Embodiments of the present invention are based on the concept of selective sharing of trust networks. A subscriber to the present system has the ability to expand a network immediately by sharing it with the subscriber's closest associates, friends and confidants. In turn, they are encouraged to share their trust networks with the subscriber. This process can enable the subscriber to almost exponentially increase the depth, strength and span of a trust network over a relatively short time frame.
According to an embodiment of the present invention, a person-to-person network is created that allows a first subscriber to obtain a referral from or introduction to “contacts” of a second subscriber. This network is a secure, online solution that makes the selective sharing of trust networks a reality.
To become a subscriber to the system according to an embodiment of the present invention, there are two options. The first option is to be invited by an already-existing subscriber. That option allows the potential subscriber to have access (as a subscriber) to the trust network established by the already-existing subscriber. The second option is for a potential subscriber to contact the service provider (such as by going to the provider's web site) and creating a trust network, to which the potential subscriber invites close associates and confidants to also become subscribers. In furtherance of this second option, once the potential subscriber has been approved by the service provider, the potential subscriber is provided with an unique, secure ID that is used to access the service. At this point, the potential subscriber decides which contacts and which information from the potential subscriber's personal computer contact database will be included in the secure online network. Once the potential subscriber has been provided with the secure ID (thus becoming a subscriber) and has created an online trust network, other members of this trust network who are identified in the subscriber's contact database can be invited to join the system as subscribers and share their respective contact databases with the first named subscriber. The network provider supplies the technology to conduct searches across expanded trust networks while maintaining complete confidentiality of the names and contact information of the search target. The trust network members (subscribers) can also conduct searches across the network of people listed in the database and the system provides for an automated maintenance of changes of contact information within the trust network.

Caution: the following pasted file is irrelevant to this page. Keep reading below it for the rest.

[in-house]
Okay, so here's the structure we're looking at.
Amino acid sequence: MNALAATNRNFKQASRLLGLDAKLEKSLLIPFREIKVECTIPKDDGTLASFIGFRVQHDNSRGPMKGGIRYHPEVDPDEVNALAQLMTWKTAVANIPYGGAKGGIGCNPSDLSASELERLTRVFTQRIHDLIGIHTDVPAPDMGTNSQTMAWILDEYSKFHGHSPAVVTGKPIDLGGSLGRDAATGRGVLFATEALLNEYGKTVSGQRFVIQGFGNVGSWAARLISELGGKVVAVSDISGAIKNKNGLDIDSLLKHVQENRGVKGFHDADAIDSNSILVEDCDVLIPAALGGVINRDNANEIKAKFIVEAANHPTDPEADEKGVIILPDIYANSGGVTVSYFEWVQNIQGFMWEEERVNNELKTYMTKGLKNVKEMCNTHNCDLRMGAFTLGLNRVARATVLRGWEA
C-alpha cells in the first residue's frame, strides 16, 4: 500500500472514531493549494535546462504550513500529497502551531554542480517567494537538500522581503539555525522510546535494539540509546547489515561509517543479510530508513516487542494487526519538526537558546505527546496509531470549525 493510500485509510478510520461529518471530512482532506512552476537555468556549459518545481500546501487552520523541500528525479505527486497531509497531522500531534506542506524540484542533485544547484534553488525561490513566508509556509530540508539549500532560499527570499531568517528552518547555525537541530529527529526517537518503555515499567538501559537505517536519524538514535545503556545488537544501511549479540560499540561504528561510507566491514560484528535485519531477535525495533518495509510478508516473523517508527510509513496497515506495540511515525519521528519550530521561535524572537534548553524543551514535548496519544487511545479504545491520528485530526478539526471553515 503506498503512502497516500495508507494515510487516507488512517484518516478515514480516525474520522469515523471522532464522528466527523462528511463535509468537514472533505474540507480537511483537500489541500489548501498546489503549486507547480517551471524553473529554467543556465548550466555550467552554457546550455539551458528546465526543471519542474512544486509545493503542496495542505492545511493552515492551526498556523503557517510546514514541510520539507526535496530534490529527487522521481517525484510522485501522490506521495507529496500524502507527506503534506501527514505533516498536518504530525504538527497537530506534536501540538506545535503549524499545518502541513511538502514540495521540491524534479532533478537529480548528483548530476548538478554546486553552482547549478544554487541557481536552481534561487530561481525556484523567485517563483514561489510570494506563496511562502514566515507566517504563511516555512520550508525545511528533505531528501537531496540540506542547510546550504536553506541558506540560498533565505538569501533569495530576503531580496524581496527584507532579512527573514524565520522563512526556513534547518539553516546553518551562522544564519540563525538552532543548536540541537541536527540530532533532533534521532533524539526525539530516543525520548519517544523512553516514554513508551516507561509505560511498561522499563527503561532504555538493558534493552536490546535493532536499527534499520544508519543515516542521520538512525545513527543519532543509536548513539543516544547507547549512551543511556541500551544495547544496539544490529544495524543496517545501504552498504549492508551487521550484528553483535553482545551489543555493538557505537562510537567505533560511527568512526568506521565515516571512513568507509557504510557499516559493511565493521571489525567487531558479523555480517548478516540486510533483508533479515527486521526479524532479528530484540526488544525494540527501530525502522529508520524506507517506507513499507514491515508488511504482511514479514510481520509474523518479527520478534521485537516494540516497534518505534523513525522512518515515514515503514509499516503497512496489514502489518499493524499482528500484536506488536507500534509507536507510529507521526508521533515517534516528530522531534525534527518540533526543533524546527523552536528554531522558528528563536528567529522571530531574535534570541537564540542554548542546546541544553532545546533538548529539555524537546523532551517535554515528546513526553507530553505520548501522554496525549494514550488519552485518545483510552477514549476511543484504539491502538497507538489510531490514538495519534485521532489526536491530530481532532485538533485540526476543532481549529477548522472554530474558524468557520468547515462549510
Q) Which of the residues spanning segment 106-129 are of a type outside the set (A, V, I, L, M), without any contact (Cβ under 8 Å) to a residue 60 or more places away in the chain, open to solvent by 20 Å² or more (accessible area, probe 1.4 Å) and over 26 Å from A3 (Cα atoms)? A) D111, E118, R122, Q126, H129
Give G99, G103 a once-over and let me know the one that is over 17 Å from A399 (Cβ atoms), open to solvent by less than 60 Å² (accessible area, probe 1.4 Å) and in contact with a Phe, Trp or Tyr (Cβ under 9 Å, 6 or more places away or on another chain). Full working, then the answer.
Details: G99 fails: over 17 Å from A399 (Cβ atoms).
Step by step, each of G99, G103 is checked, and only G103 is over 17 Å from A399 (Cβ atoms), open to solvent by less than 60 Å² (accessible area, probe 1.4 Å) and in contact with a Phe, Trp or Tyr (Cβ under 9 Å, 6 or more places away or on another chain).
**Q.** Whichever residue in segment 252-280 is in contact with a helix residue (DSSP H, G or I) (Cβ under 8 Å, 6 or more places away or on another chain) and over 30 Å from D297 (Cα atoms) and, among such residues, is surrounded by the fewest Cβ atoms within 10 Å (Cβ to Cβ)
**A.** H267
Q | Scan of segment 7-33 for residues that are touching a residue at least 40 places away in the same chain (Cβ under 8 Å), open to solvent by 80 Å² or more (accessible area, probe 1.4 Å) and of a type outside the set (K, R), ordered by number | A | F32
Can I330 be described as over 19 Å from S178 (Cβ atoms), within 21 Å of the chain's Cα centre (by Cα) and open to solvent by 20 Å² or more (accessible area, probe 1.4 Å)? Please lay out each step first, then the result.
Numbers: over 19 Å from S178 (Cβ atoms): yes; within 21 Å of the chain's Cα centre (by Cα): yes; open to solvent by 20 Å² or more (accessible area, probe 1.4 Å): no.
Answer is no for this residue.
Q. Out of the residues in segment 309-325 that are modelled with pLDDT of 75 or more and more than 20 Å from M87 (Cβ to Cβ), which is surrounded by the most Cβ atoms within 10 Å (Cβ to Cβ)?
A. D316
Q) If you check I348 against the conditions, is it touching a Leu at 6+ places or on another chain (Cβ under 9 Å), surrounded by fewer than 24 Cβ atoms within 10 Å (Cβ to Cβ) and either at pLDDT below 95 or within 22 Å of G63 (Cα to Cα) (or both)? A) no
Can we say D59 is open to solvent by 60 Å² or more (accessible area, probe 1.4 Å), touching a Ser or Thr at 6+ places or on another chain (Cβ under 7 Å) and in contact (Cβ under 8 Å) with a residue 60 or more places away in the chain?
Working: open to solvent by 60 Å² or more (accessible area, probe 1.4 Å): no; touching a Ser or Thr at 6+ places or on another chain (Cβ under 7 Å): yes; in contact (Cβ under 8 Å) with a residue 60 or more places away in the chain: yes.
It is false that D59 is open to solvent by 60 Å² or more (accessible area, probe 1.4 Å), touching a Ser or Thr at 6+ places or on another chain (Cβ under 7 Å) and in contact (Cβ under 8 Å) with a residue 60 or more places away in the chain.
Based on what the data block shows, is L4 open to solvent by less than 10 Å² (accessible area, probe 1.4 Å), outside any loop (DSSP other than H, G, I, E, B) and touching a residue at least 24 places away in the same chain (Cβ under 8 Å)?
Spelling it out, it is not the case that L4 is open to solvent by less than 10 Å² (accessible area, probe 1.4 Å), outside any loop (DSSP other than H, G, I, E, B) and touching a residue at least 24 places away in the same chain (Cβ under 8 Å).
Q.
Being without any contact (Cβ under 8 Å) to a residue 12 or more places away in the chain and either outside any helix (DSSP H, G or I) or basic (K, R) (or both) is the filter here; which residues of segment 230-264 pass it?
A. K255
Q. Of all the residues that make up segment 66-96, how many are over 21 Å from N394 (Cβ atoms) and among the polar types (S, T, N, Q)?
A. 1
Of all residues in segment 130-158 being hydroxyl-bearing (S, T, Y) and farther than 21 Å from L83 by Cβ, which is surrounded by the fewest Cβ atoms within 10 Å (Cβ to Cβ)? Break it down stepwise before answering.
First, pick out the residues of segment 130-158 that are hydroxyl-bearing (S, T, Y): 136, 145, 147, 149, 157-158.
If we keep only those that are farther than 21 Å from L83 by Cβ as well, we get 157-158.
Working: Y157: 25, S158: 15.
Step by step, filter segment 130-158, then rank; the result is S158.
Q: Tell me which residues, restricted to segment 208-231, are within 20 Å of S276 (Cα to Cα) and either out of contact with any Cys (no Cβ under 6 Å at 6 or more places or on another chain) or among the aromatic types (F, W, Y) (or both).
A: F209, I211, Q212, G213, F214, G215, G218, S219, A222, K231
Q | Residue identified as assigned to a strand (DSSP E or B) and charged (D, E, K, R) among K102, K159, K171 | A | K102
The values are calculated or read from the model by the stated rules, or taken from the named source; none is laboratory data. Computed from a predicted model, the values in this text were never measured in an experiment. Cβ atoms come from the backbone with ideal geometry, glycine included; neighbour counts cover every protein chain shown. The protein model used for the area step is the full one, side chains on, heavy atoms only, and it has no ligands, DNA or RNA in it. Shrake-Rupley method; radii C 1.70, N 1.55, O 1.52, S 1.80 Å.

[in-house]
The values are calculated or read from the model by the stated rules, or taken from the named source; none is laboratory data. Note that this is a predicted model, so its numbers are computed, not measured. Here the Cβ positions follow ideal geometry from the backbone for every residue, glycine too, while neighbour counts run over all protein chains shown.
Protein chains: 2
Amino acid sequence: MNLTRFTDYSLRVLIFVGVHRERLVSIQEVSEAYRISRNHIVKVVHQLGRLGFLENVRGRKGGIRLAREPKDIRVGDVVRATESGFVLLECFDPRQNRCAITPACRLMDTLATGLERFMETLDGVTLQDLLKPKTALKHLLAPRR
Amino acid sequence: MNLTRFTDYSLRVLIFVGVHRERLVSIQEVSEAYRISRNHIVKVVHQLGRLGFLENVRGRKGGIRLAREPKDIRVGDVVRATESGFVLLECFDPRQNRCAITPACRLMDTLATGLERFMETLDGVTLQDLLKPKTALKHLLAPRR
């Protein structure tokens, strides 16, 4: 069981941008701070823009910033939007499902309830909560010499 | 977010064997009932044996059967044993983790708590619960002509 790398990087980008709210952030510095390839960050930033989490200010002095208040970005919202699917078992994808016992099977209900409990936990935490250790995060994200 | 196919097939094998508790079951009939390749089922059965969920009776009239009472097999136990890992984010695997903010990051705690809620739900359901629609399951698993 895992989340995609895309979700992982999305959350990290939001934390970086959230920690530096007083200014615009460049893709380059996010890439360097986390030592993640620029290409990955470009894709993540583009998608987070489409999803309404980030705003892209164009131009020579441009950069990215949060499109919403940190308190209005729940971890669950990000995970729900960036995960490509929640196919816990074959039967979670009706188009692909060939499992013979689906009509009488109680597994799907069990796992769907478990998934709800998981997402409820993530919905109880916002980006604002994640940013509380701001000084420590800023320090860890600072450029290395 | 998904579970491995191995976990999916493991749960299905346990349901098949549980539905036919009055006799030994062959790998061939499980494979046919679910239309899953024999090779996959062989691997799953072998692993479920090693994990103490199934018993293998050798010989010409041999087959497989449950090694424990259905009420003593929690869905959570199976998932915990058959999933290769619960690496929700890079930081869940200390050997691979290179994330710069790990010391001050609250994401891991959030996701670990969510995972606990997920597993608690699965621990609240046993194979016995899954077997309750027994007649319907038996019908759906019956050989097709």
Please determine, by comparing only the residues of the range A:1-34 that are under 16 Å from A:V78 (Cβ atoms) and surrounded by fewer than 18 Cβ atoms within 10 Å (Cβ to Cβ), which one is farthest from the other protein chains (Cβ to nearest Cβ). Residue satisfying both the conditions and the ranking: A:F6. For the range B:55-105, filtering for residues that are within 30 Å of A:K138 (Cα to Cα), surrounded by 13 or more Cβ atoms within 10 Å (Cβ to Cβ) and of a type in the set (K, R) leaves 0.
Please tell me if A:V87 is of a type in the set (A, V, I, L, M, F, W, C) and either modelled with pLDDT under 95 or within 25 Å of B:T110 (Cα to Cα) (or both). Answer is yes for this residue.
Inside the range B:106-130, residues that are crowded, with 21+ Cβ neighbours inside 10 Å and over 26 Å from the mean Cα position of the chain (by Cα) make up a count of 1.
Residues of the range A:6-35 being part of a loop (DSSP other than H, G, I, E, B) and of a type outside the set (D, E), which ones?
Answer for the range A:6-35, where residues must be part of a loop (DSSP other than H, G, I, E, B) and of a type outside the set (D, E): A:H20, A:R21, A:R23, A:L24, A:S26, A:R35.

Features of the system described herein include the following:
Searches: The information sharing system includes a number of search processes and search result presentation styles. A subscriber can search for a target executive or organization from within Microsoft® Outlook by entering the search criteria in an information sharing system search box. Searches can also be conducted in the information sharing system's web application. For example, the search process allows for a search to be initiated from a desktop application through a series of networked (e.g. Internet) based contact databases and presents the results back to the subscriber inside the desktop applications. Search results are presented in a number of different formats. Subscribers can then request introductions to their targets directly from within the search result window. Searches include the following: